Most-read news stories of 2010
By SeafoodSource staff
Published on 21 December, 2010
Editor’s note: Through year’s end SeafoodSource is running a series of “best of” lists looking back at the news, analysis and opinion that captivated the global seafood trade in 2010.
Here’s a look at the top five most-read SeafoodSource news stories of 2010:
5) In November when Scottish MEP Straun Stevenson called the Mekong River “filthy” and accused Vietnam’s pangasius industry of “ruthlessly” exploiting workers, he ruffled a few industry feathers. Stevenson urged members of the European Parliament to persuade consumers to support the continent’s fish farmers and fishermen and to avoid importing seafood from Vietnam because the Mekong is “one of the most heavily polluted rivers on Earth and is teeming with bacteria and poisoned with industrial effluents, including arsenic, mercury and DDT.”
4) The unveiling of the Seafood Excellence Awards finalists took the No. 4 spot on the 2010 most-read list. The competition is a highlight of the International Boston Seafood Show in March, and when all was said and done CFE International and MacKnight Smoked Foods beat out the nine other finalists to take top honors in the foodservice and retail categories.
3) A 17-state, four-week investigation that wrapped up in March revealed consumers may be paying up to USD 23 per pound for ice when purchasing frozen seafood products. More than 21,000 packages of short-weight seafood were removed from the point of sale, with inspectors finding ice comprising up to 40 percent of the product weight. “Unfortunately a few unscrupulous companies are looking for ways to increase profits by defrauding consumers with deceptive practices, making it impossible for honest businesses to compete,” said the Better Seafood Board’s Lisa Wedding. “Consumers, retailers and restaurants shouldn’t have to pay seafood prices for ice.”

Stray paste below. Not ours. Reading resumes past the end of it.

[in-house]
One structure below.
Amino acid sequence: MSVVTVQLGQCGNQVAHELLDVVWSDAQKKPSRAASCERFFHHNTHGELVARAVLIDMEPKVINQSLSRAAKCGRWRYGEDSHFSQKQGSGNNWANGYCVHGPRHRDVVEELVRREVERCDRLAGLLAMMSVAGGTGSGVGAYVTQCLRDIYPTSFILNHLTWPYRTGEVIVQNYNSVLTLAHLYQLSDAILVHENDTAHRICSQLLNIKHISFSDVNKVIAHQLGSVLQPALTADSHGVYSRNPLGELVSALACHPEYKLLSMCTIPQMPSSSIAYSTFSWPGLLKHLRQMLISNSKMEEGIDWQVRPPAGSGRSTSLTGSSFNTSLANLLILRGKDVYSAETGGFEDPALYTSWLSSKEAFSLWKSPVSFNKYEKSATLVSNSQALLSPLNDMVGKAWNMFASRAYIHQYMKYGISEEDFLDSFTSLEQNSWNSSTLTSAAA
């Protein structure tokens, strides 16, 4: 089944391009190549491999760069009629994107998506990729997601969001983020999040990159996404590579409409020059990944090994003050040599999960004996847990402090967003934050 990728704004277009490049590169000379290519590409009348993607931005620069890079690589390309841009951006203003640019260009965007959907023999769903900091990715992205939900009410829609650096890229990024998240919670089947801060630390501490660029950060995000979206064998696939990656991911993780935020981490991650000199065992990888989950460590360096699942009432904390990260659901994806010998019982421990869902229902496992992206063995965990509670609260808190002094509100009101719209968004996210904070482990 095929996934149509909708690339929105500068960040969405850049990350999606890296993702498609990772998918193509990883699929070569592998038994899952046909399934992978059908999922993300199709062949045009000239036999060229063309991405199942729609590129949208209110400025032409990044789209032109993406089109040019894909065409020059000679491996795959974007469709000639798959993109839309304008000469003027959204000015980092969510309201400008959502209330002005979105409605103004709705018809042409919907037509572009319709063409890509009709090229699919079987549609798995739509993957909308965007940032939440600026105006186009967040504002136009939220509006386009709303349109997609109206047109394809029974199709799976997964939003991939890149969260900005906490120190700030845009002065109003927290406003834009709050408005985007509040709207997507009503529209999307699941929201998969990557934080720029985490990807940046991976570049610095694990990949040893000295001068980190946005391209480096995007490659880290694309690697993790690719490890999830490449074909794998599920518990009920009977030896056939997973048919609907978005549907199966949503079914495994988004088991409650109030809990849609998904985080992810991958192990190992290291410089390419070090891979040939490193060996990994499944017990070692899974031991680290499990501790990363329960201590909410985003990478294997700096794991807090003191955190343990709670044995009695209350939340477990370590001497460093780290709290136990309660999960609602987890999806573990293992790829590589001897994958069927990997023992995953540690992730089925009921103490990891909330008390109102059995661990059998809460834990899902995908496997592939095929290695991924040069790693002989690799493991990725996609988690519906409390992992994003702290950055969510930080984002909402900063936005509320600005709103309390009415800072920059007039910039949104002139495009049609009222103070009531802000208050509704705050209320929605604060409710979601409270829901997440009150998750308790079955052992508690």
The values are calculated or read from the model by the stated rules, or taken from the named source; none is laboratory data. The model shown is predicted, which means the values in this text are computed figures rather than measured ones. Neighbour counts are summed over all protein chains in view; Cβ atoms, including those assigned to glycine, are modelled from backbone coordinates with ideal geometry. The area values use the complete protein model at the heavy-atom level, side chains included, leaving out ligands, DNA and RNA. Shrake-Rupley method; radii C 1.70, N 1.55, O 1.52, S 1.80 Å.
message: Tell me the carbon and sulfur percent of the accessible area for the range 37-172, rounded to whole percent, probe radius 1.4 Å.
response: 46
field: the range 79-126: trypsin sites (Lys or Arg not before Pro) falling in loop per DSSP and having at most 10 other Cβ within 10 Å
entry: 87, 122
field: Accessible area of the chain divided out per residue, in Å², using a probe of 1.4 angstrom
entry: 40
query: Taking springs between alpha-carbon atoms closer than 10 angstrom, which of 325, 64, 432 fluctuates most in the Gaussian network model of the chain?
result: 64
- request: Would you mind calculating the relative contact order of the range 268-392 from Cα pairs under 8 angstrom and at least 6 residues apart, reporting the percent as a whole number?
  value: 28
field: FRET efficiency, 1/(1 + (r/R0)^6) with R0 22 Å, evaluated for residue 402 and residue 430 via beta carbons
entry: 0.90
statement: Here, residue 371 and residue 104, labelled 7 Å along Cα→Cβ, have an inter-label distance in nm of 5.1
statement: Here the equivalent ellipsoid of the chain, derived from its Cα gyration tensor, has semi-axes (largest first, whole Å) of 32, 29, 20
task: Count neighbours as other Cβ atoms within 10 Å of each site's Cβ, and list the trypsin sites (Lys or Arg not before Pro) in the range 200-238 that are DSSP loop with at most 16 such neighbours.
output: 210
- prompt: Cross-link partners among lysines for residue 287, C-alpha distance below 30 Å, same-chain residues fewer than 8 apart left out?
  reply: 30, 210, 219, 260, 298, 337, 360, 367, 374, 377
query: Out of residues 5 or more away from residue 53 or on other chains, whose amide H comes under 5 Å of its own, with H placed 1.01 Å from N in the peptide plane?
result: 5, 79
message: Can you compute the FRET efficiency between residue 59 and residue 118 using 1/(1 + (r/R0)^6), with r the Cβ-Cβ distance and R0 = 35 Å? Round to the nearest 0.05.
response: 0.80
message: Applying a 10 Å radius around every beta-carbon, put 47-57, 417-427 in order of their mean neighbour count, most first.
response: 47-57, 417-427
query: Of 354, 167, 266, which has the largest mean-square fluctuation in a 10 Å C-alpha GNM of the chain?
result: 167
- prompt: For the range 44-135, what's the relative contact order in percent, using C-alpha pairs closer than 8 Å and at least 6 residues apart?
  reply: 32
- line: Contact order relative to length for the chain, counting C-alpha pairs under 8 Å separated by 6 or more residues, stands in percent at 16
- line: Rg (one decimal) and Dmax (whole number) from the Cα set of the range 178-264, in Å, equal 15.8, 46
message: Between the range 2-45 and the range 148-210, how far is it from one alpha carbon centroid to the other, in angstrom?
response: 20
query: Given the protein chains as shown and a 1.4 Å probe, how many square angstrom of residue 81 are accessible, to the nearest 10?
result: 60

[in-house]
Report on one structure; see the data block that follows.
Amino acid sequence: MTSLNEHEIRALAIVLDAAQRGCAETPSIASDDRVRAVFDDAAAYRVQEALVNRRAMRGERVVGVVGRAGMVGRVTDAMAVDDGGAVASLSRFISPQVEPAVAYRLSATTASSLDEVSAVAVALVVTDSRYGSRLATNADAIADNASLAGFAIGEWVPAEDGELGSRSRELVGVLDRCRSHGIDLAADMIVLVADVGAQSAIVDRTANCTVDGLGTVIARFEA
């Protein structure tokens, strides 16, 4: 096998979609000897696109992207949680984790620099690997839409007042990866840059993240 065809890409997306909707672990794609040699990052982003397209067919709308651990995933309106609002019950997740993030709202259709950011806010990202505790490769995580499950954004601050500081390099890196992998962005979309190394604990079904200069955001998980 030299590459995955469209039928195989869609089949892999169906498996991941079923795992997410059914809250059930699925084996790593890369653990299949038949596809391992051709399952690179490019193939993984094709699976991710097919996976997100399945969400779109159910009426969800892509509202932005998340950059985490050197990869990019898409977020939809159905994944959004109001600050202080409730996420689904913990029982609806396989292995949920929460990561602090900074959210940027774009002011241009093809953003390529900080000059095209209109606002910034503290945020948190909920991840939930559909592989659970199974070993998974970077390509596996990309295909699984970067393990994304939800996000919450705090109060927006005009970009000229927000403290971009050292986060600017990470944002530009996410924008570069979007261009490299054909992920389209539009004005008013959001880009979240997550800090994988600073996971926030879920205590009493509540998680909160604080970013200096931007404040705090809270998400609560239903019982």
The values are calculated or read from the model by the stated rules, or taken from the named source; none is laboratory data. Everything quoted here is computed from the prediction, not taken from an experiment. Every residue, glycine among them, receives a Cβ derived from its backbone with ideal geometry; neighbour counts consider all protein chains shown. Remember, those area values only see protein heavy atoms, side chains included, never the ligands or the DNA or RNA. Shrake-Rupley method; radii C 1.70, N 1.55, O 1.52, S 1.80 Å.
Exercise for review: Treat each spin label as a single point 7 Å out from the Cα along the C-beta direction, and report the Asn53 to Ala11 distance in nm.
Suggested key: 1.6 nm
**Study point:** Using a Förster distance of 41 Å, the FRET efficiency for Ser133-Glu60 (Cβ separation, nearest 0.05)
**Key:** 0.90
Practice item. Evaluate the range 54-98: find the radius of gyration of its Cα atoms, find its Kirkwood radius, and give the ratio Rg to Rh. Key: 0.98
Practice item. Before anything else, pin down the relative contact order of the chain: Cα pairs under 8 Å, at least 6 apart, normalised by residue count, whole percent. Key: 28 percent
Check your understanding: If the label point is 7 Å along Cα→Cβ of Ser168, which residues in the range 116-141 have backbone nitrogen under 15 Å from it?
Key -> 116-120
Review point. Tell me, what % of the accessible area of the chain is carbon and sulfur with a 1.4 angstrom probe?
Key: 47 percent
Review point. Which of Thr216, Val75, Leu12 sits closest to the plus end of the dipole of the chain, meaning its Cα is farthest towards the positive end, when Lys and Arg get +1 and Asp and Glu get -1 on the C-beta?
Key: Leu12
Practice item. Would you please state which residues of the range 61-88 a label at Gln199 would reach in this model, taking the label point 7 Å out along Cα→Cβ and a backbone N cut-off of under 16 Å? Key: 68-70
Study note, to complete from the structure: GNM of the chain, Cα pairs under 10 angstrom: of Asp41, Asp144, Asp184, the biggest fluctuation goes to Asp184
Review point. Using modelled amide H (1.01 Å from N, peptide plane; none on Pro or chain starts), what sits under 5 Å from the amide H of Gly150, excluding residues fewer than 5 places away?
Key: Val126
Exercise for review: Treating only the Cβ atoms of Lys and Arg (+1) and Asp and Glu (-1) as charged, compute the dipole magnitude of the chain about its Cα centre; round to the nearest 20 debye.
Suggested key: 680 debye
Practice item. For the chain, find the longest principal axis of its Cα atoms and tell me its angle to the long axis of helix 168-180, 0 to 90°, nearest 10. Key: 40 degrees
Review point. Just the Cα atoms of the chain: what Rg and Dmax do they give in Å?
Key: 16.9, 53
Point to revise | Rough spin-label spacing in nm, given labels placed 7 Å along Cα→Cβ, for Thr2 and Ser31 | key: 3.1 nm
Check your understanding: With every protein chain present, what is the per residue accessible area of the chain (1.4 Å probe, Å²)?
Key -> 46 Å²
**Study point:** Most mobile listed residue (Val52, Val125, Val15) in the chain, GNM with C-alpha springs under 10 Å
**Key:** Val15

2) Oprah’s medical advisor and TV personality Dr. Mehmut Oz in February named barramundi as one of his “5 Superfoods We Must All Eat Now,” due to its low mercury levels and anti-aging, immune-boosting and cancer-fighting properties. However, the segment also claimed barramundi eat plankton, resulting in high omega-3 fatty acid content without the buildup of toxins like mercury. After the episode aired, Australis Aquaculture CEO Josh Goldman wrote Dr. Oz’s producers to clarify that the species is carnivorous by nature but can live off a largely vegetarian diet. He also corrected the statement that the fish contain higher levels of omega-3 than salmon. It was the second most-read story of 2010.
1) In June, father-and-son fishermen Lloyd and Todd Whaley accused Pacific Seafood Group and its owner of violating antitrust laws by fixing ex-vessel prices of Dungeness crab, coldwater shrimp, groundfish and whiting. When the class-action lawsuit was re-filed in August, dropping the conspiracy claim, SeafoodSource readers took notice, making the story the most-read of 2010. The re-filed suit still included two claims of monopolization, with the plaintiff’s seeking up to USD 520 million in damages and asking that the Clackamas, Ore. seafood supplier be required to divest enough West Coast processing plants to reduce the company’s market share to less than 30 percent.